Absorption R.I.P.

After talking to people about my last post on Absorption Rates and the lack of a correlation between slower absorption and lower median prices (or faster absorption and higher prices), I got the impression that there was some curiosity — skepticism?  — about the underlying numbers.  So I thought a post mortem of sorts was in order.  Here’s a chart that simply tracks total listings and total sales over a little more than the two years covered by the Absorption Rate chart.

Total listings is defined as new listings plus anything that’s under contract but still  “contingent” in the parlance of realtors.  Total sales is exactly that.  The chart reflects the raw monthly numbers with no averaging.  This really highlights the seasonal fluctations:  ie. the very evident drop-off in activity at the end/beginning of each year.

Other than the seasonal dips, maybe you can conclude that both listings and sales are trending downward, but I sure don’t see any evidence of a major change of direction in either.

A couple of closing thoughts.  My absorption rate conclusions were based on an analysis of single family homes only.  It’s possible that the conclusion would be different if I’d included condos and TIC’s as well.  ie.  Looking at the broader market might change the results.

On the other hand, it’s possible that correlations between absorption and price would appear if we looked at finer segments of the market.  For example, we might find that absorption rates are longer at the high end of the market and that in fact prices have come down as we’d expect for that portion of the market.

Alas, the MLS database that’s the repository for sales information for brokers/realtors simply doesn’t allow you to do this sort of data-mining easily, so we’ll never know.

I stand by my previous conclusions:  First, San Francisco just isn’t that overbuilt a market. Second, if you take out the seasonal fluctuations, the absorption rate doesn’t seem to have moved that much anyway.  Finally, and perhaps most importantly, absorption rate doesn’t tell you how much activity (offers)  each available listing is generating — in the end, just one property gets sold.

The question is whether there are other metrics that do a better job of tracking whether the market’s “hot.”  Stay tuned.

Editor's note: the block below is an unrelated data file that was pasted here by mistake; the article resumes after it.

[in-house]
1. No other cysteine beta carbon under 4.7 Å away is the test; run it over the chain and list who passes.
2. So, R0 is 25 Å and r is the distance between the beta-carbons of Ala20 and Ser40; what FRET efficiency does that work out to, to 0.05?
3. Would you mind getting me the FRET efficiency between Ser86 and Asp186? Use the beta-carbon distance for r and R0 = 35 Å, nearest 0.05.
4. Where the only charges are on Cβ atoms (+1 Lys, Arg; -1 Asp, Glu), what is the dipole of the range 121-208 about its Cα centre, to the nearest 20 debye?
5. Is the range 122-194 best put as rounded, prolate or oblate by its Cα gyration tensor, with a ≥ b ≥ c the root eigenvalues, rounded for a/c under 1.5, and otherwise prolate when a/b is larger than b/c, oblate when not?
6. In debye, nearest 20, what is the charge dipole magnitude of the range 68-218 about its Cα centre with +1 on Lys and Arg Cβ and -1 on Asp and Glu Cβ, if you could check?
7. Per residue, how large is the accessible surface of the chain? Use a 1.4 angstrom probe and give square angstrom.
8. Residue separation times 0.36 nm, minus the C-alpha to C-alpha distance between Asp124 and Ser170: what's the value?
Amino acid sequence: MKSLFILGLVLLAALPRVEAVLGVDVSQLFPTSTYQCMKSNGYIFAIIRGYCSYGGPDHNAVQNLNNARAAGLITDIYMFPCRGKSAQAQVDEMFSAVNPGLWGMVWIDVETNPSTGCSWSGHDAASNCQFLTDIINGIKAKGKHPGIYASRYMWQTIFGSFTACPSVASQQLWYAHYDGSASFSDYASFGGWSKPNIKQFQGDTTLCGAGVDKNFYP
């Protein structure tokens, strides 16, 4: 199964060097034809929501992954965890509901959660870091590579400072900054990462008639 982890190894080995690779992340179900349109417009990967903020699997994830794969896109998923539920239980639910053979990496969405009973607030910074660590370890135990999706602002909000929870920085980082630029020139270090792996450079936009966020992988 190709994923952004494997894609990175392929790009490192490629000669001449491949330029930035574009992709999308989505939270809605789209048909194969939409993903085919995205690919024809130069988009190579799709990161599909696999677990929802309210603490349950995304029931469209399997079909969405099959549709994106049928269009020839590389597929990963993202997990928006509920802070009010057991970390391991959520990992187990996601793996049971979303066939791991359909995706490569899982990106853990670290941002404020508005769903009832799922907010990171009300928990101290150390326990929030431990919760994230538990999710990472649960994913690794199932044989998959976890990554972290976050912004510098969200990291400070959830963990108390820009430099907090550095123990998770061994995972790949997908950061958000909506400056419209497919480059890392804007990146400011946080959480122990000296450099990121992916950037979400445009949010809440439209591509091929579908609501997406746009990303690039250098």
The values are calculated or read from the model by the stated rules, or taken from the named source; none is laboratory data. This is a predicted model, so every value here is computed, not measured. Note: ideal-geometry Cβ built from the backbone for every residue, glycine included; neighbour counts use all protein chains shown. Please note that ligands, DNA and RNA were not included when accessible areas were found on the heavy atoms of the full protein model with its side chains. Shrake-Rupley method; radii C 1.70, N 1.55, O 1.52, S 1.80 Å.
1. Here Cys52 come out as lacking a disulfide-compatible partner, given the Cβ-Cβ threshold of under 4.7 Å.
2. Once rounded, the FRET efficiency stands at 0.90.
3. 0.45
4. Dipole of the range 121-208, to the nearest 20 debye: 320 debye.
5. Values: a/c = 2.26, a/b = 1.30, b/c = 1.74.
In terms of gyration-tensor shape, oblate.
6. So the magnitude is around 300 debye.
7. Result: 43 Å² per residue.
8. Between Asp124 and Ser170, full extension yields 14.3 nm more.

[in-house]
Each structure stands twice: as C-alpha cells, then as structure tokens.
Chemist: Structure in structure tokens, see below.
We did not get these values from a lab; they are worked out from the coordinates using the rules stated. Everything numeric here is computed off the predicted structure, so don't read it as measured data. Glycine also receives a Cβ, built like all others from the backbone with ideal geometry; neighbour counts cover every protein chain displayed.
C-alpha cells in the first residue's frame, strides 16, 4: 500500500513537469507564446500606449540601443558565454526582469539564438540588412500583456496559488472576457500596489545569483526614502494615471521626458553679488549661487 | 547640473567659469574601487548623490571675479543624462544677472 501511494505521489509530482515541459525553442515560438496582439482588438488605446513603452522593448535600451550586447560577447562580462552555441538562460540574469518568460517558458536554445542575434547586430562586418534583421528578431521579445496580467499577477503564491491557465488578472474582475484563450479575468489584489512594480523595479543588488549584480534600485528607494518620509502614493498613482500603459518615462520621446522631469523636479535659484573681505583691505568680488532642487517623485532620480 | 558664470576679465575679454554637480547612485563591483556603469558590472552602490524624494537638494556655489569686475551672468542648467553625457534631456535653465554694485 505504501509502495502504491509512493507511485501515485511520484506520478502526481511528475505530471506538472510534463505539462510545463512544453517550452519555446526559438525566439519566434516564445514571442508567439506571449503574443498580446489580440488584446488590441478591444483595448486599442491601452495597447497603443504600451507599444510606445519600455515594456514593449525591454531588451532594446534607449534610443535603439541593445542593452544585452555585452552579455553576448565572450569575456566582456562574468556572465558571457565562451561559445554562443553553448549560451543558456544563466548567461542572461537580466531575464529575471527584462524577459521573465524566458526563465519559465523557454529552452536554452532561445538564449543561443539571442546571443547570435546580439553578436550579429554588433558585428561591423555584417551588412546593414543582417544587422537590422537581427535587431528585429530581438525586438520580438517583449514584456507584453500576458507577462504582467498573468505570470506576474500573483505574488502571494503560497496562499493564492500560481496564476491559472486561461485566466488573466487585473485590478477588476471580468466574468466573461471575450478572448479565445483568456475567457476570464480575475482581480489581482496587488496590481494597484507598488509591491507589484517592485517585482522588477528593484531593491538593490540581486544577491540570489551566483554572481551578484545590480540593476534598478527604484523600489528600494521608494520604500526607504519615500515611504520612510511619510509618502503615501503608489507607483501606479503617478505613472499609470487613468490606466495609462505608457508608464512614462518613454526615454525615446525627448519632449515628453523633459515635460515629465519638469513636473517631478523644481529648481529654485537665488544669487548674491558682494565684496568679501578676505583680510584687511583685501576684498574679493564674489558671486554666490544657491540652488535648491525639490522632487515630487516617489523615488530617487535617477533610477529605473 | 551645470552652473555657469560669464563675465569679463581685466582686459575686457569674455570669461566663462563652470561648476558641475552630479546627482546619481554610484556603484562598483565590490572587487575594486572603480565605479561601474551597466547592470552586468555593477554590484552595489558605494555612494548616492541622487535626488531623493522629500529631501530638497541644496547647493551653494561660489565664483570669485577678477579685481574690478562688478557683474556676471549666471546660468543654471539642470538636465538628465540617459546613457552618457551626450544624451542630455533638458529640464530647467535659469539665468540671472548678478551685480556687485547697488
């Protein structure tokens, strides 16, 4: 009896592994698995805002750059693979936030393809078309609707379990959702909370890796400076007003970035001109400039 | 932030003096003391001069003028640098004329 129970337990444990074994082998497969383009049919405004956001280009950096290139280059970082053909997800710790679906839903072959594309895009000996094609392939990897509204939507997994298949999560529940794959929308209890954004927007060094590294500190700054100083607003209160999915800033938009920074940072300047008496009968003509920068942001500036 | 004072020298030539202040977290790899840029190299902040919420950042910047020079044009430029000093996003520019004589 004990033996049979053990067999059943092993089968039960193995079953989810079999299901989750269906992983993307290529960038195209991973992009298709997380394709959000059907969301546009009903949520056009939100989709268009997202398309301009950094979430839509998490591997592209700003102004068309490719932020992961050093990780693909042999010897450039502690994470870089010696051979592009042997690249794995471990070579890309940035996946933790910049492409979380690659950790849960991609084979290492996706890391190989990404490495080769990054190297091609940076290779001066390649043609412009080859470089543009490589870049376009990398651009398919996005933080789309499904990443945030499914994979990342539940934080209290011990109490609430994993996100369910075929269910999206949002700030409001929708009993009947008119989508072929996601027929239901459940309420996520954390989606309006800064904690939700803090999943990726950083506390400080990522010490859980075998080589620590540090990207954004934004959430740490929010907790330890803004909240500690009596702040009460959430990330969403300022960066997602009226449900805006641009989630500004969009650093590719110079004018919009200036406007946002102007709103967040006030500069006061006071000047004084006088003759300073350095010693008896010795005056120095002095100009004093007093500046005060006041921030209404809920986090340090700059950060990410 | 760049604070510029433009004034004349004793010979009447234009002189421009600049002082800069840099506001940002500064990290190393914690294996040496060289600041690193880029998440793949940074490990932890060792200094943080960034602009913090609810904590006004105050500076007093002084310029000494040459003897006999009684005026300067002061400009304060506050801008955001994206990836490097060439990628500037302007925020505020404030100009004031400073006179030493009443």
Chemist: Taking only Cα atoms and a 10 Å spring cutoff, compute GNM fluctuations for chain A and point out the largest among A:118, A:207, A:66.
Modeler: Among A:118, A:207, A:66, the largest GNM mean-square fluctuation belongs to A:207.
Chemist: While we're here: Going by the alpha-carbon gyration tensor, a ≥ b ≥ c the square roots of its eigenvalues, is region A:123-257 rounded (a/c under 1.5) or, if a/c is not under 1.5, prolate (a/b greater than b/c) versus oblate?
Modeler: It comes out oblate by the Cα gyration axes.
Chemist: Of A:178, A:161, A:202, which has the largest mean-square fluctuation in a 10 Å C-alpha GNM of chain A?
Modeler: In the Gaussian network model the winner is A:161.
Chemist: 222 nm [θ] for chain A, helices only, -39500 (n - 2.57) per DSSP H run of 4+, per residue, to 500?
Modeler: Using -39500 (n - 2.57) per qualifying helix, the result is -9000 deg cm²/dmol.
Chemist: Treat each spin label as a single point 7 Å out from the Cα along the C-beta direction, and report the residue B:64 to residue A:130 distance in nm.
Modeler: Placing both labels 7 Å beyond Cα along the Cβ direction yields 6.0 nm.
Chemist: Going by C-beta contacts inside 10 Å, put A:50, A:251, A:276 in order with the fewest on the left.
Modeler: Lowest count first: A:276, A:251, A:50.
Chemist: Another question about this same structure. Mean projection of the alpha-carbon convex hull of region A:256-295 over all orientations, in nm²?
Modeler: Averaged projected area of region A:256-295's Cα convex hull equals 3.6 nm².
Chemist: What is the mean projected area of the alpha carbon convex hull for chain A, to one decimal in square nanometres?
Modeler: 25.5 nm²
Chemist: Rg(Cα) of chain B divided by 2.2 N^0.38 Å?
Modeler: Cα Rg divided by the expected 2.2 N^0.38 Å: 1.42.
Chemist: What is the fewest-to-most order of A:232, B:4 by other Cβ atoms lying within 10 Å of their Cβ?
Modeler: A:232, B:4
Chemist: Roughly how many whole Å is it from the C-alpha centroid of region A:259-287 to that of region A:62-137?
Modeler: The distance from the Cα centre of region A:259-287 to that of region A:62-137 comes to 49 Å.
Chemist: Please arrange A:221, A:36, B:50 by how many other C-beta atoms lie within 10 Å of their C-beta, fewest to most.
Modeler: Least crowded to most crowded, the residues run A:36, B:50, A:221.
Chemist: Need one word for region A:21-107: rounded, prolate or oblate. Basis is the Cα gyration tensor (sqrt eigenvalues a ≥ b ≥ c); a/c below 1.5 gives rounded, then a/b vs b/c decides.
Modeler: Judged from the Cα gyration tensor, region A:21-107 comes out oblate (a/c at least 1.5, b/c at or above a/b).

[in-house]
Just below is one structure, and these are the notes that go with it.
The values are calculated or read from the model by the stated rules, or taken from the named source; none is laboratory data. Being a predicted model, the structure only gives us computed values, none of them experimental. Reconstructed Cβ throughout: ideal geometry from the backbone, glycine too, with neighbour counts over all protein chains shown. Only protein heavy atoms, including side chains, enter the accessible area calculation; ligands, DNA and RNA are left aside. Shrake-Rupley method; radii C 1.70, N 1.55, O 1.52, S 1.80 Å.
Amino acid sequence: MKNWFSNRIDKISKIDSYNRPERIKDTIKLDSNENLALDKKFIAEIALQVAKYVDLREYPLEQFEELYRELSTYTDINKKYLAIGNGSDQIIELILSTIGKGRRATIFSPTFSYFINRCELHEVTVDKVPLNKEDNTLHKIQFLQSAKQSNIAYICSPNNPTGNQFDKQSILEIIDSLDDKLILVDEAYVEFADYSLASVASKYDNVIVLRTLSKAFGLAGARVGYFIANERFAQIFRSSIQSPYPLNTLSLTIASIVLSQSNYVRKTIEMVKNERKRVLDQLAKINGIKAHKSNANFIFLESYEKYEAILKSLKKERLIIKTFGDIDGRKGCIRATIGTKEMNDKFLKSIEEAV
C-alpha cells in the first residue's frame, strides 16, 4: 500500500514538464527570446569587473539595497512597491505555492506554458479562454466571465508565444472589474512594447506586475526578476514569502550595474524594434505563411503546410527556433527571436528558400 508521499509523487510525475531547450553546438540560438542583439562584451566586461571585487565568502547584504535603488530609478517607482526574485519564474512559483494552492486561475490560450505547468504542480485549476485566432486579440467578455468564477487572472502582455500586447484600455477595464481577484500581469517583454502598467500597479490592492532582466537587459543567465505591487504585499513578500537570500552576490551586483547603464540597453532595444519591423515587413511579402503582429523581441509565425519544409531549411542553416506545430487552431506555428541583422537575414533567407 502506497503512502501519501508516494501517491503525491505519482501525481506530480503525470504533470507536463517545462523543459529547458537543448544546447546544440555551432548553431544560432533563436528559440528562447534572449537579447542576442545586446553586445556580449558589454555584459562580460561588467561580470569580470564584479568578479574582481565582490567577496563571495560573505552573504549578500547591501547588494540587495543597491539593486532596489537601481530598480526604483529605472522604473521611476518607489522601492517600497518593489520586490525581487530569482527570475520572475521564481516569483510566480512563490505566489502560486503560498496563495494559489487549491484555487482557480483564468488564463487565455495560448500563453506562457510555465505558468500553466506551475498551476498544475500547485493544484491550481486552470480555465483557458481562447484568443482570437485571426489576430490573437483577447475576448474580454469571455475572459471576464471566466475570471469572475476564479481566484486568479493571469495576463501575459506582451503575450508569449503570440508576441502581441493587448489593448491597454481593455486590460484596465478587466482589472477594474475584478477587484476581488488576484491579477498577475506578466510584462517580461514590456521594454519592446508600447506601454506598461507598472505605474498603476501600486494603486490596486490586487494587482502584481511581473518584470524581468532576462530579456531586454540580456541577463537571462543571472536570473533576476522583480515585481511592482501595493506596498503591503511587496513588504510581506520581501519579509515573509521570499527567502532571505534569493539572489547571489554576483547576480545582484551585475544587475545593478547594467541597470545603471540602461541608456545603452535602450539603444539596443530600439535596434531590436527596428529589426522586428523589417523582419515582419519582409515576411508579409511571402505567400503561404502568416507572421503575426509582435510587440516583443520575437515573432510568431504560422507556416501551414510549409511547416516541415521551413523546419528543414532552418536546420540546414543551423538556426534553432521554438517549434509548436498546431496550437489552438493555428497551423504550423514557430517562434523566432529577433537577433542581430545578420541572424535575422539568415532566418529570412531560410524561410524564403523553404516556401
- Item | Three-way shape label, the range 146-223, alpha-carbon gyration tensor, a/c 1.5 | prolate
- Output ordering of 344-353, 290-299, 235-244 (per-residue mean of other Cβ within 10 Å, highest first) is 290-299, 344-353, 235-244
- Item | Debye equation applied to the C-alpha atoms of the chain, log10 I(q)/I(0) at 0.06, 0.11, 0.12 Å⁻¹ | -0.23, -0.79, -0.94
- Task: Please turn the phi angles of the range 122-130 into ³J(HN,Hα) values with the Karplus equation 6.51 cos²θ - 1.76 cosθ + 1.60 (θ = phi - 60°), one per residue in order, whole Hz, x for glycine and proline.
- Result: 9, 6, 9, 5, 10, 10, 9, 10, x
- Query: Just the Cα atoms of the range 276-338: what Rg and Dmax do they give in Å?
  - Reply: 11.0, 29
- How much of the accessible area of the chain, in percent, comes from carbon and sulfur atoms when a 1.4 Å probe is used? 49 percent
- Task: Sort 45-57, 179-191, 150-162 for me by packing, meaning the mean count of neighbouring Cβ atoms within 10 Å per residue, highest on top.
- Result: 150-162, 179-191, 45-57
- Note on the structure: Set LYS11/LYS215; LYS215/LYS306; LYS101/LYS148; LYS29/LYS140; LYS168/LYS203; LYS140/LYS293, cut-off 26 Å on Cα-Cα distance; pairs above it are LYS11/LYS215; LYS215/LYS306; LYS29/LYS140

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Revised Absorption Chart, but the results are the same, only worse

Thanks, Jean-Claude for making me take a second look at my methodology on my Absorption Chart.  I had anticipated your point about the lag between listing dates and sales but had unfortunately gotten the formula backwards in my chart — basically dividing inventory by lagging sales, rather than forward sales:  moral of the story:  don’t do this stuff at 1 in the morning.)  So I redid the chart with the correct formula inserted.  (Excel groupies its =4*(AVERAGE(listings month 1, 2, 3)/AVERAGE(sales months 2, 3, and 4)). The data points at the end of the chart are averaged over shorter periods due to the lack of forward data.

One can quibble about whether a 30 day lag on listings to sales is sufficient, but the average days on market for 2006, 2007, and 2008 were 29, 41, and 51 respectively.

Here’s the revised chart.  The median price line and the Absorption Rates line up beautifully, don’t they?  Until you remember that there’s supposed to be an inverse correlation between them.  True, there appears to be an inverse correlation over the last few months of 2008, but that could simply be due to the lack of forward data.  It certainly doesn’t negate the lack of correlation over the previous nearly 3-year period.


Stay tuned for a chart showing median price plotted against Days on Market

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